Archive for October, 2012

Jesus – a Theography, by Len Sweet & Frank Viola

Posted in Book Review with tags , , on October 14, 2012 by seguewm

Other than in John’s gospel, have you ever read a book about the life of Christ that roots His existence in eternity? So much is written about His last week, but can the events leading up to the cross, the resurrection, and ascension ever be grasped apart from His eternal context? Can we truly appreciate Jesus of Nazareth without knowing Him as the Creator God?

I have asked that to underscore the fact that this is not ‘just’ another book about Christ. Sweet and Viola are the dynamic duo who presented us with ‘Jesus Manifesto’. If that treatise deepened your walk with Jesus, you’ll be more enriched by this new volume as it digs far deeper into the metaphors and symbols of the One we cherish as both Savior and Lord. In sixteen chapters this Sweet and Viola begin their story before time, lead us through time, and finally help us see beyond time. They pull together His whole story in a manner, if we really grasp its full significance, that ought to seriously reshape our worldview and thus the way we live each day. Enjoy.


Why Did Jesus, Moses, the Buddha…

Posted in Book Review with tags , on October 6, 2012 by seguewm

In what has now become normative from McLaren, this most recent book invites the reader to stand outside his or her usual bubble in order to see and to carefully consider the issues of our day. Having cut loose from the busyness and conformity requirements of institutional religion, the author has become free to contemplate and imagine more Christ-like responses for our 21st century world.

This book comes alongside a growing trend among respected spiritual leaders who seek unity in diversity. How can the many different religious beliefs co-exist in a smaller and smaller world? How can we honor and remain faithful to our own beliefs, yet respect the beliefs of others? What will it take to move beyond a ‘my way or the highway’ mentality in a world that will always have a multitude of religious notions, yet they are increasingly mixed within rather than isolated by geography? What are the obstacles and what are some of the possible solutions? What will be the consequences if we neglect to deal with this subject?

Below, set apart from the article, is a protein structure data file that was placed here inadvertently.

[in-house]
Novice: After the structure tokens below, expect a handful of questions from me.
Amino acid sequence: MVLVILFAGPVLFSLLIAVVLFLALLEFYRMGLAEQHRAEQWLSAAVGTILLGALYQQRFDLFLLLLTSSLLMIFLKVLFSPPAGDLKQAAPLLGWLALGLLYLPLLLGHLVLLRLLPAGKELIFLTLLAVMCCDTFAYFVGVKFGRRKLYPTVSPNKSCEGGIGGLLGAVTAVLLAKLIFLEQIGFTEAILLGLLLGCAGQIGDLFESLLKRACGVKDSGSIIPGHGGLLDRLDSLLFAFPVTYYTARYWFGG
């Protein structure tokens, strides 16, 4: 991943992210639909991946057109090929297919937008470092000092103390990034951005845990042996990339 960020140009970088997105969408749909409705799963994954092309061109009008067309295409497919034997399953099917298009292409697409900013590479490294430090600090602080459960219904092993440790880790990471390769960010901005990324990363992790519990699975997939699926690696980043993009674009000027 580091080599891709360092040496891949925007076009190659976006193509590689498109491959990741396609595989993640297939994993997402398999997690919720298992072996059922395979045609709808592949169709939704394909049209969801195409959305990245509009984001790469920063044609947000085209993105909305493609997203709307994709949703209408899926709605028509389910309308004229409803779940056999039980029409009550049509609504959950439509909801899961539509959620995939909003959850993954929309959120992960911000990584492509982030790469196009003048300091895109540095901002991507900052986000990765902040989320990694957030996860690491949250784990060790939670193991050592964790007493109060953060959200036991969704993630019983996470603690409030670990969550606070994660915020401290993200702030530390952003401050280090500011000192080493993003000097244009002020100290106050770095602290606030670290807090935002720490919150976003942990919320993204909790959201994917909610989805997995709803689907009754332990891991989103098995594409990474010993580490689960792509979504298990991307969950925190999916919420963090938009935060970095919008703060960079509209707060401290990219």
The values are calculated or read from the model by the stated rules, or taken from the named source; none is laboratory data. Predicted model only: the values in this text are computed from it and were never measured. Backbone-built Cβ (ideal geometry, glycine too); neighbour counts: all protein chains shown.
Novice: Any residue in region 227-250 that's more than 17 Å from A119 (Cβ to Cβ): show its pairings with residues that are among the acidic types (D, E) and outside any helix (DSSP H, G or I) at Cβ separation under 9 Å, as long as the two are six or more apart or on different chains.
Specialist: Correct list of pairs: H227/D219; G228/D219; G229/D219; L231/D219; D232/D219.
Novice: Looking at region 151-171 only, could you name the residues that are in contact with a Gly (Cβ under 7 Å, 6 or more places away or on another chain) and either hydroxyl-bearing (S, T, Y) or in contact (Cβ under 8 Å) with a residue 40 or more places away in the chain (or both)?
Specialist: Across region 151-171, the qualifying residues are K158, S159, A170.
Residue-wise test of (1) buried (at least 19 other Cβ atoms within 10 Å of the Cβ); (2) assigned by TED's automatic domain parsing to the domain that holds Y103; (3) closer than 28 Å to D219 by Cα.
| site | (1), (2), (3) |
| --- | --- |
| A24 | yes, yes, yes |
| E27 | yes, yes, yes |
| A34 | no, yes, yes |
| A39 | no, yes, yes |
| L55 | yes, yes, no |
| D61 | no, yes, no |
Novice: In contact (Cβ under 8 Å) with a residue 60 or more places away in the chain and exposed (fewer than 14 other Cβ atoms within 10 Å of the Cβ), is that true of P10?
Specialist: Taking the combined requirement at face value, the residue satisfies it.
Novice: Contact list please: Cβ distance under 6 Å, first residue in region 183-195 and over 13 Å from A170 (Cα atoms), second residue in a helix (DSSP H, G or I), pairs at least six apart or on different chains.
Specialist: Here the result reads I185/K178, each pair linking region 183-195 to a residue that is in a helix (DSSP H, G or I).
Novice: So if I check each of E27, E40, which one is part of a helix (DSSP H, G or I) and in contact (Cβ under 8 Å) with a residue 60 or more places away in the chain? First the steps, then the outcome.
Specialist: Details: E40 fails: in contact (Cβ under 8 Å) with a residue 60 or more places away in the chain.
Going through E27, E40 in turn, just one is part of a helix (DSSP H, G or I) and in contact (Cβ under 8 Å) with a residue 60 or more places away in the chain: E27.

I appreciated the shortness of each of the 29 chapters as well as the the clear division of the book into for parts – The Crisis of Christian Identity, The Doctrinal Challenge, The Liturgical Challenge, and The Missional Challenge. On the other hand, I’m not a big fan of ‘how to’ or ‘how the’ books – which is the way each chapter begins. I appreciate brief stories, appropriate quotations, and an abundance of references. Yet, I didn’t find the author’s writing style crisp enough to clearly and convincingly deliver his message. Maybe this was because he tried to cover to much in one book or maybe he is still thinking through many of these ideas. Whatever the case, it is a worthwhile, thought-provoking read.